Andrew Smith (zoologist)
Sir Andrew Smith KCB
Order of the Bath
The Most Honourable Order of the Bath is a British order of chivalry founded by George I on 18 May 1725. The name derives from the elaborate mediæval ceremony for creating a knight, which involved bathing as one of its elements. The knights so created were known as Knights of the Bath...

 (December 3, 1797 – August 11, 1872) was a Scottish
Scotland is a country that is part of the United Kingdom. Occupying the northern third of the island of Great Britain, it shares a border with England to the south and is bounded by the North Sea to the east, the Atlantic Ocean to the north and west, and the North Channel and Irish Sea to the...

Surgery is an ancient medical specialty that uses operative manual and instrumental techniques on a patient to investigate and/or treat a pathological condition such as disease or injury, or to help improve bodily function or appearance.An act of performing surgery may be called a surgical...

, explorer, ethnologist and zoologist
Zoology |zoölogy]]), is the branch of biology that relates to the animal kingdom, including the structure, embryology, evolution, classification, habits, and distribution of all animals, both living and extinct...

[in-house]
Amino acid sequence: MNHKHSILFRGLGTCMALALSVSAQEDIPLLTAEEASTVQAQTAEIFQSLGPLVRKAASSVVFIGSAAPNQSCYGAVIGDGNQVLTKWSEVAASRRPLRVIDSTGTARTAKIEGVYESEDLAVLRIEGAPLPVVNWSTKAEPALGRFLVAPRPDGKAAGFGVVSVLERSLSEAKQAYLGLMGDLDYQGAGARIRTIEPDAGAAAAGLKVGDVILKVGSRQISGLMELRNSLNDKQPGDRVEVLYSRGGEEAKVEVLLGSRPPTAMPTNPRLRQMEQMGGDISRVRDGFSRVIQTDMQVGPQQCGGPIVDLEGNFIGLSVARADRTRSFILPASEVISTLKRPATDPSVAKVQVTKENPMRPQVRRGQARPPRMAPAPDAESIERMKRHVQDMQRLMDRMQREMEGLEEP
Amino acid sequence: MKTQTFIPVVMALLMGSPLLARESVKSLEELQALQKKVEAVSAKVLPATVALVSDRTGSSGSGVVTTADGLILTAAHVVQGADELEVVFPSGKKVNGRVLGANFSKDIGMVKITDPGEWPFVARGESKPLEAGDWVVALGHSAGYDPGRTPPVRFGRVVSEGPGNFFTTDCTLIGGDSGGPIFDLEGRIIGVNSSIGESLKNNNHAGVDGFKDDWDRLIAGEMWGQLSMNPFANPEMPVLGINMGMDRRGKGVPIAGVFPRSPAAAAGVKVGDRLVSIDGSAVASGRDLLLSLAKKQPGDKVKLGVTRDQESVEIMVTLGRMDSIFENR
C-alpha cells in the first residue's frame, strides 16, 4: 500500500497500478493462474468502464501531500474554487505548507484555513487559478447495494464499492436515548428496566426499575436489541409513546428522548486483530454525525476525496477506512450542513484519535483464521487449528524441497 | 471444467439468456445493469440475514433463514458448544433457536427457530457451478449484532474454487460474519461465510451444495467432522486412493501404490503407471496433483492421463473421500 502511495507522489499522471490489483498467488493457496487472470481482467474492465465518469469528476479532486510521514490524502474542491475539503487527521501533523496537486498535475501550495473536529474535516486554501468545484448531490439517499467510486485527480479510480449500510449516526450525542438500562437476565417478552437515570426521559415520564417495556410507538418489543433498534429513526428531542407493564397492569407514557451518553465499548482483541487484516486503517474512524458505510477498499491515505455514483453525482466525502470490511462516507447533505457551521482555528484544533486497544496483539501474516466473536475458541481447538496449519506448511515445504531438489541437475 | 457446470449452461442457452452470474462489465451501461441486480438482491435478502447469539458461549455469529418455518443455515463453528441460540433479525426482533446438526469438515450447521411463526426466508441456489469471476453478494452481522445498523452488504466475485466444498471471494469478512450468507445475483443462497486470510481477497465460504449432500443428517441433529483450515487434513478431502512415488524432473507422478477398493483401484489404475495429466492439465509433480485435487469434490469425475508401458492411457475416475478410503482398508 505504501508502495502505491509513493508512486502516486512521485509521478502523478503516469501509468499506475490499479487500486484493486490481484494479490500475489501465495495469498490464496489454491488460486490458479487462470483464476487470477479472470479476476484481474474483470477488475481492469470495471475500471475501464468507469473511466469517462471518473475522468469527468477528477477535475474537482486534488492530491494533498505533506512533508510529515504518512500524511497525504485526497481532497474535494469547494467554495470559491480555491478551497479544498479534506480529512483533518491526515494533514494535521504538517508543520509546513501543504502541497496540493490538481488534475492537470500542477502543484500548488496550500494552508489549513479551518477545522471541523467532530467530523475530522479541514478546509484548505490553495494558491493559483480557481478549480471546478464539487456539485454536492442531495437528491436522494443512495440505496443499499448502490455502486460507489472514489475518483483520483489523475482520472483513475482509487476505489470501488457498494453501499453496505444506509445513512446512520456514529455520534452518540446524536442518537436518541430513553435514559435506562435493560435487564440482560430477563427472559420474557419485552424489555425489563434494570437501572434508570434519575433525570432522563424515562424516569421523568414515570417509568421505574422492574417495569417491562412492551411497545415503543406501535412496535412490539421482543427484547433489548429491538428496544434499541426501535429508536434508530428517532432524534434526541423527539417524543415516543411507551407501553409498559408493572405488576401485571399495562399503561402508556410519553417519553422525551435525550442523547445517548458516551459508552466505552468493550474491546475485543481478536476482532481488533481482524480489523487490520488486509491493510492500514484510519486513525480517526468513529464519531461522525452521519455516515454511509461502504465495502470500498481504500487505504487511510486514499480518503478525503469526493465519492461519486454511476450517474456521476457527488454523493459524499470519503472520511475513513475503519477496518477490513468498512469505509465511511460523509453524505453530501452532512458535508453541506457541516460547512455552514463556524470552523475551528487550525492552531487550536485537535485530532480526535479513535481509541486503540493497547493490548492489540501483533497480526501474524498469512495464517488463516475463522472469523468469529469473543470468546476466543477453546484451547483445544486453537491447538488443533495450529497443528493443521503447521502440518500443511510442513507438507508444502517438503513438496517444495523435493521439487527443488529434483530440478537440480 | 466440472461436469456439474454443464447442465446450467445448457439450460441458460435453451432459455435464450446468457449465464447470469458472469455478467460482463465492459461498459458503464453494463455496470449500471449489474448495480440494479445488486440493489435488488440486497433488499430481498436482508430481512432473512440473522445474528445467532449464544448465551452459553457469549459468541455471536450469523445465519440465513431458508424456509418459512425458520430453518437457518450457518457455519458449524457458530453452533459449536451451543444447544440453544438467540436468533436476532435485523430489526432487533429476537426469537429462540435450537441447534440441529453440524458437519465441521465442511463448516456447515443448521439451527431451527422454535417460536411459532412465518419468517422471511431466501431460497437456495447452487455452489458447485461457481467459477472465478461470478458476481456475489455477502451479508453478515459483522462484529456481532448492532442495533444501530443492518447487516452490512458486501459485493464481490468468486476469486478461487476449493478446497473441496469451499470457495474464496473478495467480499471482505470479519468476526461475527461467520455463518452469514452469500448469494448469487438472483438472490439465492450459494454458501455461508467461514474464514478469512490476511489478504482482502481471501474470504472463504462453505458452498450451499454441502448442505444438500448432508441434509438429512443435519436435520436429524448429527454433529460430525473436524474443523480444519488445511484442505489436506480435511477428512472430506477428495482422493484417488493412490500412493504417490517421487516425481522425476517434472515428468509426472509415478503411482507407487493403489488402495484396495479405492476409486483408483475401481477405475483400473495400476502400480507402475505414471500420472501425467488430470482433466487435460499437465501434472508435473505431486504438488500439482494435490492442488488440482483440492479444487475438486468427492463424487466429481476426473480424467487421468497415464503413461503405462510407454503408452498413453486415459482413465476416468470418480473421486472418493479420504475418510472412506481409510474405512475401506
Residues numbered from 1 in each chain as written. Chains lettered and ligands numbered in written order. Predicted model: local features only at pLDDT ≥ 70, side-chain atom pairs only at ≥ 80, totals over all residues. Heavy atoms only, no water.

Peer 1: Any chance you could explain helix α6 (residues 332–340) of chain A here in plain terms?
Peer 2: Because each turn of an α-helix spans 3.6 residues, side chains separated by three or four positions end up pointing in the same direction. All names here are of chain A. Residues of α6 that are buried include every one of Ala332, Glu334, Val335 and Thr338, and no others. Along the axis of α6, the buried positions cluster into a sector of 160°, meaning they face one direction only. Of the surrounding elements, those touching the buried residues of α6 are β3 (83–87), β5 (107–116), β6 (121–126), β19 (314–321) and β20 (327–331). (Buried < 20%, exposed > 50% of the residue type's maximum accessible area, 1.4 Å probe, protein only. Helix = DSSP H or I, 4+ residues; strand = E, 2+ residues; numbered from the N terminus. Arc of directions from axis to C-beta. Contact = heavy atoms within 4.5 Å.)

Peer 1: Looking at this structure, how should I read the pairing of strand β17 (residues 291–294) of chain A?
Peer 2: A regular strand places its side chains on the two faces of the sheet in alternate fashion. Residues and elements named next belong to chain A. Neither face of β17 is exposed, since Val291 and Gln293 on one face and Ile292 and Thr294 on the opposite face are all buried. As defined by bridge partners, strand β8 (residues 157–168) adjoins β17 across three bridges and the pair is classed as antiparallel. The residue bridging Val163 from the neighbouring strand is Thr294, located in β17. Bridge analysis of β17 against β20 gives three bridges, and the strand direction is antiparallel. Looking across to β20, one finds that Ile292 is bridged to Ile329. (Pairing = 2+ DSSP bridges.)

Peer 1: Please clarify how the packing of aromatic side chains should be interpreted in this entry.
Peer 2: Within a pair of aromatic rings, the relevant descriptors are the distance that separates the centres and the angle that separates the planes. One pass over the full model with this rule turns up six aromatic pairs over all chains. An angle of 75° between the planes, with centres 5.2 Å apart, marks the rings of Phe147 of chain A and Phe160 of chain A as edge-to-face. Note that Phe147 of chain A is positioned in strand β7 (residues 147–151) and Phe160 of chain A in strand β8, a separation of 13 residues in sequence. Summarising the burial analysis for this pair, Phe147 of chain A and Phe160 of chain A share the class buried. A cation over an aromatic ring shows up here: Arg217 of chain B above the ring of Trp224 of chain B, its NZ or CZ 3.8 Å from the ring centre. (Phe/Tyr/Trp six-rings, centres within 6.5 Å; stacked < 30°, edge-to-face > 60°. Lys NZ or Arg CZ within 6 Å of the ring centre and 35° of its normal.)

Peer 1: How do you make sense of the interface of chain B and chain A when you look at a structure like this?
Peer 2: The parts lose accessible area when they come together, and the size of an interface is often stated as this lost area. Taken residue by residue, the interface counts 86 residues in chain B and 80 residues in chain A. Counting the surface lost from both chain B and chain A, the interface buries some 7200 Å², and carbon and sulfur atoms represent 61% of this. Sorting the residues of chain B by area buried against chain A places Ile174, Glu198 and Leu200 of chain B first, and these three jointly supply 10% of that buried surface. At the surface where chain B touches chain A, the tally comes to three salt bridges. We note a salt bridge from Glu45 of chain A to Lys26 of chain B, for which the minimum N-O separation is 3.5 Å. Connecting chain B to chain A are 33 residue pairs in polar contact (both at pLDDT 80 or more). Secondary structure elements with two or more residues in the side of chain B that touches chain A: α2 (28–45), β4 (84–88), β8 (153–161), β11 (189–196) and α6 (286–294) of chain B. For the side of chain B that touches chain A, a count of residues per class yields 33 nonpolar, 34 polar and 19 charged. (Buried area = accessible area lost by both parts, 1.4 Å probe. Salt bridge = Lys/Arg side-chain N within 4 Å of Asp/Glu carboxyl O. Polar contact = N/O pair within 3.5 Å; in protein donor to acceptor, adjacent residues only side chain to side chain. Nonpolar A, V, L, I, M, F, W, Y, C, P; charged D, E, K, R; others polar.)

. He is considered the father of Zoology in South Africa having described many species across a wide range of groups in his major work, Illustrations of the Zoology of South Africa.

Smith was born in Hawick
Hawick is a town in the Scottish Borders of south east Scotland. It is south-west of Jedburgh and south-southeast of Selkirk. It is one of the farthest towns from the sea in Scotland, in the heart of Teviotdale, and the biggest town in the former county of Roxburghshire. Hawick's architecture is...

, Roxburghshire. He obtained a good education by diligence and hard work and qualified in medicine at Edinburgh University obtaining an M.D.
Doctor of Medicine
Doctor of Medicine is a doctoral degree for physicians. The degree is granted by medical schools...

 degree in 1819, having joined the Army Medical Services
Army Medical Services
The Army Medical Services is the organisation responsible for administering the four separate corps that deliver medical, veterinary, dental and nursing services in the British Army...

 in 1816.

South Africa 1820-1837

In 1820 he was ordered to the Cape Colony
Cape Colony
The Cape Colony, part of modern South Africa, was established by the Dutch East India Company in 1652, with the founding of Cape Town. It was subsequently occupied by the British in 1795 when the Netherlands were occupied by revolutionary France, so that the French revolutionaries could not take...